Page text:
United States

Gas Outages Hitting Southeast Are Getting Worse Amid Panic Buying

Octavio Jones | Reuters
  • Gas shortages are getting worse in the Southeast as much of the Colonial Pipeline remains offline.
  • More than half of the gas stations in North Carolina are out of fuel, according to the latest data from GasBuddy.
  • The national average for a gallon of gas jumped above $3 on Wednesday for the first time in nearly seven years.

Gas shortages across the Southeastern U.S. are getting worse as panicked consumers head to the pump.



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The shortages are most acute in North Carolina, where 65% of stations are out of fuel, according to data from GasBuddy. In South Carolina and Georgia 43% of stations are dry. Across Virginia 44% of stations are without fuel.

Officials have tried to stem the panic buying, noting that the Colonial Pipeline has said it plans to restore operations by the end of the week.

The pipeline is a vital link between the Gulf Coast refiners and the Eastern Seaboard, spanning more than 5,000 miles and transporting nearly half of the East Coast's fuel. Colonial Pipeline took its entire system down on Friday after it fell victim to a ransomware attack. Much of the system remains offline.

The company is expected to provide an update on whether it can restart operations by the end of the day on Wednesday. However, once activity is restored, it will likely take at least a few days for operations to return to normal. This is the first time the entire pipeline has been shut down.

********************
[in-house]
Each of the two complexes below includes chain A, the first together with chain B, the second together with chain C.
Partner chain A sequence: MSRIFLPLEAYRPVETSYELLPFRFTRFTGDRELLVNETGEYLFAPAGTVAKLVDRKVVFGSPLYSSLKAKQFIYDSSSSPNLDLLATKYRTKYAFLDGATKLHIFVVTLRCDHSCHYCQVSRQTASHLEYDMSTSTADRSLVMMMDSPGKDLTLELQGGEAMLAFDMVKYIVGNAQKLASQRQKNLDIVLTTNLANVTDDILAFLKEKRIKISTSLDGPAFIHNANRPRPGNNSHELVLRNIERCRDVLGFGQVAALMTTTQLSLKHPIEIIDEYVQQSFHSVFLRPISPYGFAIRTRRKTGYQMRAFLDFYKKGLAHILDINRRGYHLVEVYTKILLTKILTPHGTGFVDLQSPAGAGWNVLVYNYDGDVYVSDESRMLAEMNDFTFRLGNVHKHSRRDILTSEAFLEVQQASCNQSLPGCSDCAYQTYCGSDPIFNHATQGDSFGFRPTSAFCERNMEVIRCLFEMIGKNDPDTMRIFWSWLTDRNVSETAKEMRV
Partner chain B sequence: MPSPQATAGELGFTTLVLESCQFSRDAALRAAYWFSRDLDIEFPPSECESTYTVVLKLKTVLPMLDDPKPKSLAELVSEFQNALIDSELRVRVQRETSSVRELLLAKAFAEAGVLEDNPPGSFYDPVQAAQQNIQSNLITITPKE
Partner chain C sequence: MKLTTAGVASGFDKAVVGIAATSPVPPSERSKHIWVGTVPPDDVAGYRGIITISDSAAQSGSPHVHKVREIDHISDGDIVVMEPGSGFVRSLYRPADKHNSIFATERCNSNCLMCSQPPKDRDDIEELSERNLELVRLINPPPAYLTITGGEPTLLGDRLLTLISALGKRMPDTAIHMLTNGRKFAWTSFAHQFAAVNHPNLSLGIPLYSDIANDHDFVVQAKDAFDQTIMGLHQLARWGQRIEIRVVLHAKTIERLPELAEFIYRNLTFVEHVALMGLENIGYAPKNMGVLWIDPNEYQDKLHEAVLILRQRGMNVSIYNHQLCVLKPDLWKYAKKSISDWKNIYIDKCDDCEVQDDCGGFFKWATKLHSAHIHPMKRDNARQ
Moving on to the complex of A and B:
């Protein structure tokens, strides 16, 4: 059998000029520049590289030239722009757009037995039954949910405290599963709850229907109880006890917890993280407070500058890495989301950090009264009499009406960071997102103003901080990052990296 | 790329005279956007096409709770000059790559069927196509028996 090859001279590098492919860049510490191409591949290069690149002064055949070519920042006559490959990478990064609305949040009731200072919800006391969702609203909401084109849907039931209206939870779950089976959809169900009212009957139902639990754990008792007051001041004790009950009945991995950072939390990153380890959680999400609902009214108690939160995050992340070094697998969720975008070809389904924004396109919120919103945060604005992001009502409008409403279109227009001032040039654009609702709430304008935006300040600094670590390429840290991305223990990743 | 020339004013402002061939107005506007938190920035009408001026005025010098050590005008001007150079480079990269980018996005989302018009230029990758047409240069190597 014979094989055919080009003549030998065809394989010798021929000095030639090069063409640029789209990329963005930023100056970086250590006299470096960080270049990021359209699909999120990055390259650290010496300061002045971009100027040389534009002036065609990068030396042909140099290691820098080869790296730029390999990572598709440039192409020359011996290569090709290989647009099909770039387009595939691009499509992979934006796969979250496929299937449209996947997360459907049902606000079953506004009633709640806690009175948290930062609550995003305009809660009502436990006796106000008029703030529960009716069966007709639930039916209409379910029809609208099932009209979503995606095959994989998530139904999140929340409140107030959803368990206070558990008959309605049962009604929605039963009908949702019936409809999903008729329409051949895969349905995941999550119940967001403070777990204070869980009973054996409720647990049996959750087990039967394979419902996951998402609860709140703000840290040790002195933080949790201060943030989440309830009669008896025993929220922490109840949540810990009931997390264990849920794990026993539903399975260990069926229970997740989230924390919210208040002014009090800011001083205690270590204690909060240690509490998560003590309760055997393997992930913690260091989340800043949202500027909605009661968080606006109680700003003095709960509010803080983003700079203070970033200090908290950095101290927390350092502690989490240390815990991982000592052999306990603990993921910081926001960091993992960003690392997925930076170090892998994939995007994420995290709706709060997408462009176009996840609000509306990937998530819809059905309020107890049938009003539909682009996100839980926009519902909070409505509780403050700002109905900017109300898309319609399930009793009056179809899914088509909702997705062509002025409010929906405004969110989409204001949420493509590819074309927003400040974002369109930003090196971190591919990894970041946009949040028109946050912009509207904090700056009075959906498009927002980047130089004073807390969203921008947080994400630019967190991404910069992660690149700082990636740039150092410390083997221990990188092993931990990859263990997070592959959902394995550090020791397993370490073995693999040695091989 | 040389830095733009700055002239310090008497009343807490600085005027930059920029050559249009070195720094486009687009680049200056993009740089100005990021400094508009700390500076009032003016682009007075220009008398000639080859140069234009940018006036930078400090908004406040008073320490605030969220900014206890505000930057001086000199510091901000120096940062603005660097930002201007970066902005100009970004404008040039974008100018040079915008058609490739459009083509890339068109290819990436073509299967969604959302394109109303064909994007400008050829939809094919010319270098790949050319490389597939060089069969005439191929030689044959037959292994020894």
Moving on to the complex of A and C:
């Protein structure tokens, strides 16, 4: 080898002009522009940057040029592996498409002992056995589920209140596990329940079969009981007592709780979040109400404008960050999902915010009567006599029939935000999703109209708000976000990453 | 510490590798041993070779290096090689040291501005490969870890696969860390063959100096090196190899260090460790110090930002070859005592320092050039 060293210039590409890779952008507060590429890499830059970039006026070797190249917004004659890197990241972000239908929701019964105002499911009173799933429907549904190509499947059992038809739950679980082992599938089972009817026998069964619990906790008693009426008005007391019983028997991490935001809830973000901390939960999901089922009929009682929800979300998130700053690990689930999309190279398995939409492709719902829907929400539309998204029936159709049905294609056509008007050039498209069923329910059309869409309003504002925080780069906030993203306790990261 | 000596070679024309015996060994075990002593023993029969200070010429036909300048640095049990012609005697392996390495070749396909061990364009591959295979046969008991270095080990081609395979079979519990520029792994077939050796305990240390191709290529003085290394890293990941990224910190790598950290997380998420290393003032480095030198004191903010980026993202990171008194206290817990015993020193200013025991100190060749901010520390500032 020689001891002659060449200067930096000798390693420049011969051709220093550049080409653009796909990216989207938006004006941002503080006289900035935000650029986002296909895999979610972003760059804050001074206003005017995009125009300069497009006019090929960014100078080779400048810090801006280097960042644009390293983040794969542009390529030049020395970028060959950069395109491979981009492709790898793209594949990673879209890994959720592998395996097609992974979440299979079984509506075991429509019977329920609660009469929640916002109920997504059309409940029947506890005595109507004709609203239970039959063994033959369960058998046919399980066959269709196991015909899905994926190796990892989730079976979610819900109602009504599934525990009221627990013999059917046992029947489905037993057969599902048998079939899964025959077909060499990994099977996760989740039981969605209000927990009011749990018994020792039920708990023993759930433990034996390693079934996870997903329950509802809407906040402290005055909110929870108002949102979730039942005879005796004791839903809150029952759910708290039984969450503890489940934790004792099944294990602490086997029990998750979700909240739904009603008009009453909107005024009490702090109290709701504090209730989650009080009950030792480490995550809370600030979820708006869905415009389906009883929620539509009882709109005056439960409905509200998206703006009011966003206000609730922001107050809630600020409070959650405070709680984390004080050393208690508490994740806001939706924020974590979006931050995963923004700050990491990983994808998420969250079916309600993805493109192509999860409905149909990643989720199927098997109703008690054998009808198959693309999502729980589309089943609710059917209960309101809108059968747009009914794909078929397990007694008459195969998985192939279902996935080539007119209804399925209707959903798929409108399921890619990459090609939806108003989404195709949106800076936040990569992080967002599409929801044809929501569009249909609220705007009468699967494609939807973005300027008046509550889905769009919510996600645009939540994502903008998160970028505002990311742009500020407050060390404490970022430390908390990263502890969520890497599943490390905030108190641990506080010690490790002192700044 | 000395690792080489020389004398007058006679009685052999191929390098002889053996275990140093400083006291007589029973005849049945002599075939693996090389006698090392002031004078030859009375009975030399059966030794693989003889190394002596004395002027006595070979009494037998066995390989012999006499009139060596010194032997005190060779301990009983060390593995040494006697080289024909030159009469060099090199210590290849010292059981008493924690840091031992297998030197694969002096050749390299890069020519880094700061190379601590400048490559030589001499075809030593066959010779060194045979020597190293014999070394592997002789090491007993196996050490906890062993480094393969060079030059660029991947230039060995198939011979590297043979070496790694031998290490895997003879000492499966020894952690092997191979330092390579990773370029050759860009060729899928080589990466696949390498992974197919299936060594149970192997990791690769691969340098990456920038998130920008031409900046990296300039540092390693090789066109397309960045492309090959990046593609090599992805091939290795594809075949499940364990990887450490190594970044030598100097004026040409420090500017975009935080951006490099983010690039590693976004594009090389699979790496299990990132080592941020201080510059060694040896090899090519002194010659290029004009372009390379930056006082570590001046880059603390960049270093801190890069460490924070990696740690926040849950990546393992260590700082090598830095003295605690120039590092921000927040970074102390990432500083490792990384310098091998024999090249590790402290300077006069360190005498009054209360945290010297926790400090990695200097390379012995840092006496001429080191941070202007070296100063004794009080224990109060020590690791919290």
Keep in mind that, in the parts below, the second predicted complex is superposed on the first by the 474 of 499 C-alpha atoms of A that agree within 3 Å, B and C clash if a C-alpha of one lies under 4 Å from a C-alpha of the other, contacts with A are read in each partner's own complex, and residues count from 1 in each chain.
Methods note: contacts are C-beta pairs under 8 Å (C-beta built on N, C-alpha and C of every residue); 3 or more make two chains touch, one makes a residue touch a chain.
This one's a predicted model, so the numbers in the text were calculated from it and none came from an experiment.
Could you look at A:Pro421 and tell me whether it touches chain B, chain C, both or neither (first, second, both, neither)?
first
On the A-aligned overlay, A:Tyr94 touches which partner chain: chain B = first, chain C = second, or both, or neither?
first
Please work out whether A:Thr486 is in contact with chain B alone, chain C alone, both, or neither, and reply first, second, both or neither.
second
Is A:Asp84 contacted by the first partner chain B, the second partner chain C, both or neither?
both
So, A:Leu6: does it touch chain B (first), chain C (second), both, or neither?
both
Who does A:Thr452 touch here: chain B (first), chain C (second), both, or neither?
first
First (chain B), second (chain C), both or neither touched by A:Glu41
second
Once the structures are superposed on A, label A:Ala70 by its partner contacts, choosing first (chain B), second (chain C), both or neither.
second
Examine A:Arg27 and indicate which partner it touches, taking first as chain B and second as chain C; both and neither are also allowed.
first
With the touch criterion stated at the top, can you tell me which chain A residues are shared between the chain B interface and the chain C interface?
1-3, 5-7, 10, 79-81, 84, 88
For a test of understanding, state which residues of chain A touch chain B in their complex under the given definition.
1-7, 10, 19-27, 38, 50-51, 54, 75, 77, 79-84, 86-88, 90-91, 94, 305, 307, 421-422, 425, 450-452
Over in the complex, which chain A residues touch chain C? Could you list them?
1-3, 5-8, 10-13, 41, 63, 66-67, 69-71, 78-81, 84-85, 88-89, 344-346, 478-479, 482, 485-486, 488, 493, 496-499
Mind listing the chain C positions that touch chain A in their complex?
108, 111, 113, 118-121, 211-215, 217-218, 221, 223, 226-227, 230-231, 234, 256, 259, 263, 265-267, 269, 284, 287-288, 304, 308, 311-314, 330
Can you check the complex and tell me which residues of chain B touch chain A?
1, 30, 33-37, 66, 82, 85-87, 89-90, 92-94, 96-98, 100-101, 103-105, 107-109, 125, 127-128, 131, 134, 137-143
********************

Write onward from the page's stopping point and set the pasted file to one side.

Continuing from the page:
The national average for a gallon of gas topped $3 on Wednesday for the first time in nearly seven years. The uptick in prices is more acute in states including Georgia and Virginia, where fuel is running short.

The Colonial Pipeline is crucial to the country's energy business, but experts are quick to note that should it remain closed for a longer period of time there are alternatives.

Fuel could be shipped in by rail or truck. It could also be imported from Europe. Additionally, the Jones Act could be waived as a way to ease delivery concerns. Officials said Tuesday that there have been no calls to waive the act, which requires goods transported between U.S. ports to be on U.S.-flagged ships.

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